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Edward Englebart, Chair of ACSA, warns against Laptop Fires.

  In a brief meeting with the Press, Dr. Englebart cited the Dell vs. Shulman litigation dating back to November 2005, which was based upon allegations made publicly by Shulman in response to the alleged harassment of CompAmerica by Dell "stealth reseller" Premiere Networks and Dell.  During it Shulman was quoted in the press as citing IBM, APPLE, DELL and SONY as "potential fire hazards" from laptops that did not institute special heat sensing apparatuses and power management technology.

Dell sued over the allegations citing "commercial libel" for criticisms of its products by a competitor.  The suit allegedly went no where and was eventually dismissed by Dell.

Today, Dr. Englebart once again cited Dell, IBM, Apple and Sony for use of "power technology and battery management which might lead to fire hazards."  Once again, Dell, IBM and Apple contacted the ACSA and threatened litigation if ACSA continued to name them in these allegations.

It is of note that two of the threatening firms were previously cited by the Safety Counsel and had to recall Batteries, Dell and Apple.  Englebart added all four companies have strong financial relationships that connect each other at the board level, and that if they did not add battery bay heat sensors, trickle charge down power controllers and failure sensing autoshutoff AC adapters to their products, that fire safety hazards might endanger buyer welfare.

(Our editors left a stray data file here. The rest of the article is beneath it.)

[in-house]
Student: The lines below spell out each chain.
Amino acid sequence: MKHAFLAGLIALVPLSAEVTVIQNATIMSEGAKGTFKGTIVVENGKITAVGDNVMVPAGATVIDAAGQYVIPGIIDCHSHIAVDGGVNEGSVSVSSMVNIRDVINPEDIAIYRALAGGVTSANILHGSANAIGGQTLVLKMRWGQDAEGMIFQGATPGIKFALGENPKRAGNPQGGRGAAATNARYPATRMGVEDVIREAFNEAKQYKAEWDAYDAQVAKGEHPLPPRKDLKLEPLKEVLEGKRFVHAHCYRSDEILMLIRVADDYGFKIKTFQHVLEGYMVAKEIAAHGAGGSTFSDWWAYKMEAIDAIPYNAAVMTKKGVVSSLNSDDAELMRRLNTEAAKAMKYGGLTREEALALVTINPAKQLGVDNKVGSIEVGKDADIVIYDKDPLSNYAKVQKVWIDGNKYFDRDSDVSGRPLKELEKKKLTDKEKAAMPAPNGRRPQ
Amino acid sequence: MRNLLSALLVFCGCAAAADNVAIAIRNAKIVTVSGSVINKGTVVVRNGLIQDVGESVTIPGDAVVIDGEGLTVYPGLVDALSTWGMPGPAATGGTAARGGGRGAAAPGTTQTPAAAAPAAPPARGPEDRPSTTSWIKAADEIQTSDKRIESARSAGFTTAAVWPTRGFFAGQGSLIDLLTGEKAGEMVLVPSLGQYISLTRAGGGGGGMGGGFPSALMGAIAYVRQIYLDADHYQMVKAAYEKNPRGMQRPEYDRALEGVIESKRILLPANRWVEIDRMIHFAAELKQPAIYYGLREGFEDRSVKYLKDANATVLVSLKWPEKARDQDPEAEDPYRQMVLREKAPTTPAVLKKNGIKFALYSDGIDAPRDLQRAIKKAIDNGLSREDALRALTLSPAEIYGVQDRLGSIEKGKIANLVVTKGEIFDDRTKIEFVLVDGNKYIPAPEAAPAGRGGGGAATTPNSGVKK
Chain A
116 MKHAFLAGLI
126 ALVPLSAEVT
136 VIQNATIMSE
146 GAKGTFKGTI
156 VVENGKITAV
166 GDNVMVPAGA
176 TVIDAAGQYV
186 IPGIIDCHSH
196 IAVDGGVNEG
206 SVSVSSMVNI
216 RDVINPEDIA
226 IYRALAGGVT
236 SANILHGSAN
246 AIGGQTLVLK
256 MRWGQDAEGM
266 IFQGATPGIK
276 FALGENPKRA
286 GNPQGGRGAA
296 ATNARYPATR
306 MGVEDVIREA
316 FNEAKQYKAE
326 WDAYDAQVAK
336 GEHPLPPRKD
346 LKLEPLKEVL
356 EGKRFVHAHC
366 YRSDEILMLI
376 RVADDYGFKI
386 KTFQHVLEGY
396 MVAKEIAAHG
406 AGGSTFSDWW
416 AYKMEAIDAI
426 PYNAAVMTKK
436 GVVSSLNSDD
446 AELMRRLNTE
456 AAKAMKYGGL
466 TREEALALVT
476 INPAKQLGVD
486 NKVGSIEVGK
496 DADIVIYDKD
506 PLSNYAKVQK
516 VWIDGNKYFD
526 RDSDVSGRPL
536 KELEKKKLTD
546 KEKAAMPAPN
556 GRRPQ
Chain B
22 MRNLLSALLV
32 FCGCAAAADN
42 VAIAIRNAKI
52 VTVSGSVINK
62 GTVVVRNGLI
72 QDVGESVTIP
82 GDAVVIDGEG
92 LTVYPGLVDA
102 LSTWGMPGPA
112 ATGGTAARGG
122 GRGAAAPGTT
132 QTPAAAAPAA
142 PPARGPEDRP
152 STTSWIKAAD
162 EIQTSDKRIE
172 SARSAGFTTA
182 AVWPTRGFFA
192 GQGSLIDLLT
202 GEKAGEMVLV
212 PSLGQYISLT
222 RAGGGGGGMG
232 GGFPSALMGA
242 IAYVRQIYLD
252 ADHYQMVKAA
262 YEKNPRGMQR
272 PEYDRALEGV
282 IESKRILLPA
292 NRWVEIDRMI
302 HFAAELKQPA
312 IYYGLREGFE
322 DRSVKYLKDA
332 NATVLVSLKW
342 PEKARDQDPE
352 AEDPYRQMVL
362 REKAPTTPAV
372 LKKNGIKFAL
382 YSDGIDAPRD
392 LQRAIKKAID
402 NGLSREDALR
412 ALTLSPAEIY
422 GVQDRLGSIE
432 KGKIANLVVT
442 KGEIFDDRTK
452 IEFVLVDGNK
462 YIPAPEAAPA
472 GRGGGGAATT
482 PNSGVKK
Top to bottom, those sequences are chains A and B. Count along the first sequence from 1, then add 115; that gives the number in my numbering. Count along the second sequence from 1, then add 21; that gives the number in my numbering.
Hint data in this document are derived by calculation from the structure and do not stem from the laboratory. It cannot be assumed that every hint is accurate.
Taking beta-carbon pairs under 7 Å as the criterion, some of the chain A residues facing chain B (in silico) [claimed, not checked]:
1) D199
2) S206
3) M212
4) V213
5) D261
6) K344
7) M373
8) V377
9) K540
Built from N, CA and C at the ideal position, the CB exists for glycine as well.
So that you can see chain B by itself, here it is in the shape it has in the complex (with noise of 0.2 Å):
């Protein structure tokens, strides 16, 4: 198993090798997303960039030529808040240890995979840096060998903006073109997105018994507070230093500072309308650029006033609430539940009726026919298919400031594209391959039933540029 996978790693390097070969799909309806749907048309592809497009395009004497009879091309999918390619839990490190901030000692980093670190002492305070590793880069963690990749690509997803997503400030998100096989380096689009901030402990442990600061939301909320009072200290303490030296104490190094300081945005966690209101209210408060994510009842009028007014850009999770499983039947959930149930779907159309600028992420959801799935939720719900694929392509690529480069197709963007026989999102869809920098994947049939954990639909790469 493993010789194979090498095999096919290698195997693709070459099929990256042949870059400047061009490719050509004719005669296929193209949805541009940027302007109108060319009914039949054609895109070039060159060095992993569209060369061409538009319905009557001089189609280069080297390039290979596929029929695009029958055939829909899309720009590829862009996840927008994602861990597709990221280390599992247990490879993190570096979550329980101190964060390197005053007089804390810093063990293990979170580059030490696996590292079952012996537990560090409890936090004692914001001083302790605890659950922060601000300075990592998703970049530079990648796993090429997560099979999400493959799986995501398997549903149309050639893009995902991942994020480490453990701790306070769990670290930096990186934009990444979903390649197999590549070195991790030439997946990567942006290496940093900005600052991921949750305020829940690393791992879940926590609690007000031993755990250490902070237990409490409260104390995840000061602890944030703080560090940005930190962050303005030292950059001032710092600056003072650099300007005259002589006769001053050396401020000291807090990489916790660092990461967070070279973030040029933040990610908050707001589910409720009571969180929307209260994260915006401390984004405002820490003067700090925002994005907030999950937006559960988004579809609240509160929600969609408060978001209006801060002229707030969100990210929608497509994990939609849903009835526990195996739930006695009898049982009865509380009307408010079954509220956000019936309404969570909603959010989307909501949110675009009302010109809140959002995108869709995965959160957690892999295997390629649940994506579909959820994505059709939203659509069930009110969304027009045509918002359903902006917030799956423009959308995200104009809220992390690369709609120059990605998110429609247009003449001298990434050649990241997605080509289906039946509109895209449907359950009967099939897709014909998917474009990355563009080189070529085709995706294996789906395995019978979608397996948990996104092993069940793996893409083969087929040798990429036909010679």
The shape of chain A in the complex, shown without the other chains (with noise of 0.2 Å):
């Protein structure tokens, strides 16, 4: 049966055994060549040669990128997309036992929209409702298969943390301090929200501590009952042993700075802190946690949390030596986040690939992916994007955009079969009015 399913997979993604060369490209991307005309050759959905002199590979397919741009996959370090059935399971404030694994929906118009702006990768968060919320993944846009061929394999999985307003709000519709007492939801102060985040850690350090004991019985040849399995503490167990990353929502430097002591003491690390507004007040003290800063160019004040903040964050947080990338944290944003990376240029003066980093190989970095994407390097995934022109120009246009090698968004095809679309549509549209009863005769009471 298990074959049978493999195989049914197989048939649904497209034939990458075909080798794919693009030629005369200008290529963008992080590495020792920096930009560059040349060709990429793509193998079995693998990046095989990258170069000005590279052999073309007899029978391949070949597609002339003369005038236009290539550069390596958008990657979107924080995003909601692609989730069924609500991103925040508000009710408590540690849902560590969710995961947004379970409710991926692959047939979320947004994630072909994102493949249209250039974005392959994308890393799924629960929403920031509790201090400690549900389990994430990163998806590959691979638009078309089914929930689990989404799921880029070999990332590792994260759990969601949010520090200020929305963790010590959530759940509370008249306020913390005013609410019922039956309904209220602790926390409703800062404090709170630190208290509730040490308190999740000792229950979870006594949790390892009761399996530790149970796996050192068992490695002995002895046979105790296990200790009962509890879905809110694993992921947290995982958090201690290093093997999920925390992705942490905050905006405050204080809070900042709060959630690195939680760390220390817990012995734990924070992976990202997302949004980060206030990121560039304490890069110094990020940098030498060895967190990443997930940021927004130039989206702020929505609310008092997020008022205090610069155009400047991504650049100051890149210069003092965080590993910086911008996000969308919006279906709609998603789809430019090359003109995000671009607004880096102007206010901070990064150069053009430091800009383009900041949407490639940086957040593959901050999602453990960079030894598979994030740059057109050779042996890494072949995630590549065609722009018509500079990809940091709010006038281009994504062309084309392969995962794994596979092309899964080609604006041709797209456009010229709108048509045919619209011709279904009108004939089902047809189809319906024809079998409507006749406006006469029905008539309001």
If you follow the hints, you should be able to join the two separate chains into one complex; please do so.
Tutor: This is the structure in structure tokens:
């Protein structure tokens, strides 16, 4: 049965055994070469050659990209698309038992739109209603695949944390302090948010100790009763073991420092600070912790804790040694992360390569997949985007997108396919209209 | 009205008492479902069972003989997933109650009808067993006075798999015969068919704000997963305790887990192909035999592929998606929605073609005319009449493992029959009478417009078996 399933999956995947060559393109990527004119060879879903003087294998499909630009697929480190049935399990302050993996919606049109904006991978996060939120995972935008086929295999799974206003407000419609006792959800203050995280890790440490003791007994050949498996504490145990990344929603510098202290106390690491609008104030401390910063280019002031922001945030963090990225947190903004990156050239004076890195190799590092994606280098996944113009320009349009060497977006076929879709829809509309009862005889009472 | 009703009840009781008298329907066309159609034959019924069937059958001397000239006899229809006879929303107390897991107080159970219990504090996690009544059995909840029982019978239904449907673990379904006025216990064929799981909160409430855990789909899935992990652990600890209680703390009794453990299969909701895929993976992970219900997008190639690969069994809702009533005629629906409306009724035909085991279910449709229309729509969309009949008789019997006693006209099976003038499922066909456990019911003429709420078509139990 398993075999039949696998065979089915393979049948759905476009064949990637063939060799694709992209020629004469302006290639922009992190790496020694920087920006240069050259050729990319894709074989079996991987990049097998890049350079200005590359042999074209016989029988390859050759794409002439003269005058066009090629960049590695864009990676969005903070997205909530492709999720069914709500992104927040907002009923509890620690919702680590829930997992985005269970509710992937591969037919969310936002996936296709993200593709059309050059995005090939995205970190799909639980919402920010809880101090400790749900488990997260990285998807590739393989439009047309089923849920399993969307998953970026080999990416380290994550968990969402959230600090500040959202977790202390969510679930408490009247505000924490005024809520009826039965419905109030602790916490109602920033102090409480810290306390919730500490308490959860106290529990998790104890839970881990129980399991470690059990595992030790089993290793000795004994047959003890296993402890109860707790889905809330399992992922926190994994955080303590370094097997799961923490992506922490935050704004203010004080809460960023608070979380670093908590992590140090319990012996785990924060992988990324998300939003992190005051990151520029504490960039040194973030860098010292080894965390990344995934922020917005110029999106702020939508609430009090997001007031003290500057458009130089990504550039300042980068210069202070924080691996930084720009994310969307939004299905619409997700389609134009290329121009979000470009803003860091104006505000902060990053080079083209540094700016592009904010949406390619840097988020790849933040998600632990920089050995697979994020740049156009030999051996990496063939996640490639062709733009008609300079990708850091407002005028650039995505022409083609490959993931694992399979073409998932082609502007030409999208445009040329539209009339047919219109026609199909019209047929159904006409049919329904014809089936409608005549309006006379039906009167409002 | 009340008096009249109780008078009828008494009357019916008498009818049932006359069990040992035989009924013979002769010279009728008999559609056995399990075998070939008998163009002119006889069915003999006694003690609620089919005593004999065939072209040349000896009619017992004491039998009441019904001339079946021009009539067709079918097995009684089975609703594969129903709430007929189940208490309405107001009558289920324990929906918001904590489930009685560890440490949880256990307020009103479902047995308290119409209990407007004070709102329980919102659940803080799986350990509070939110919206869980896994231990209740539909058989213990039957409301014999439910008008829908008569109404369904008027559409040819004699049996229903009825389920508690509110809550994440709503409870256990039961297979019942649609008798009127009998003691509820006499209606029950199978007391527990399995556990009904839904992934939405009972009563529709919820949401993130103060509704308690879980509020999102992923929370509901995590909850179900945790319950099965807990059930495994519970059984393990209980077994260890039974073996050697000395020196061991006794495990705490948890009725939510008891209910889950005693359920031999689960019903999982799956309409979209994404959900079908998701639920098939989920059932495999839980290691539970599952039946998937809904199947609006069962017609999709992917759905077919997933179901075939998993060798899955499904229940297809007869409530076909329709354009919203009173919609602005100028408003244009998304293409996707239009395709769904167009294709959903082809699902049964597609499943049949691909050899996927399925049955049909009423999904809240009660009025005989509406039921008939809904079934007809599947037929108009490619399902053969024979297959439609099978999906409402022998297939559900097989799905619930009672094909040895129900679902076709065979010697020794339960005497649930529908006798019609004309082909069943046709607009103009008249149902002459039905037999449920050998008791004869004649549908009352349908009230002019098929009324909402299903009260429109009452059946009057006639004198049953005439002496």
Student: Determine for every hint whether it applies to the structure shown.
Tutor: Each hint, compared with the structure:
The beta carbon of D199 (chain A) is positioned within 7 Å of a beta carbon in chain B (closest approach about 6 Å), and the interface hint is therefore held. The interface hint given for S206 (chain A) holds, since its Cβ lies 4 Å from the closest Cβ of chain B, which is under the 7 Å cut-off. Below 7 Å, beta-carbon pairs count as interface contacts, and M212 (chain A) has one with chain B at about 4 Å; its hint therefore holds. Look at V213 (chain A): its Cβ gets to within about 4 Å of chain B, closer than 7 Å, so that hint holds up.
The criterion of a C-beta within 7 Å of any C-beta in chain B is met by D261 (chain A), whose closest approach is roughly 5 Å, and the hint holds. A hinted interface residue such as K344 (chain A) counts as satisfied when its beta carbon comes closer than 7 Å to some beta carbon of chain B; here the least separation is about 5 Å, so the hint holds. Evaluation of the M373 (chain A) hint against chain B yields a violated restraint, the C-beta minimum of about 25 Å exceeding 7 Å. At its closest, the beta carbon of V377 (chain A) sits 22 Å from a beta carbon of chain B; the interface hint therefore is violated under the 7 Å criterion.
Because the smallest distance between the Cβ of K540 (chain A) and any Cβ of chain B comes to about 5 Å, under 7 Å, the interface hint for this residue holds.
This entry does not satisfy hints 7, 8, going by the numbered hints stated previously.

Lawyers from Dell contacted ACSA with threats of litigation in response to the public charges by Englebart.  ACSA counsel indicated that Dell also contacted co-chair Shulman's counsel and threatened him with further Federal Litigation if he did not order the ACSA to cease publicizing technical problems alleged of Dell's systems. 

The ACSA being a private charitable foundation, upon advice of counsel, hereby states that feels no obligation to silence itself at Dell's demand, since it derives no profit from nor is making any unfair, unreasonable nor inaccurate statements about Dell.  ACSA suggests that Dell should spend its time resolving its customer care responsibilities.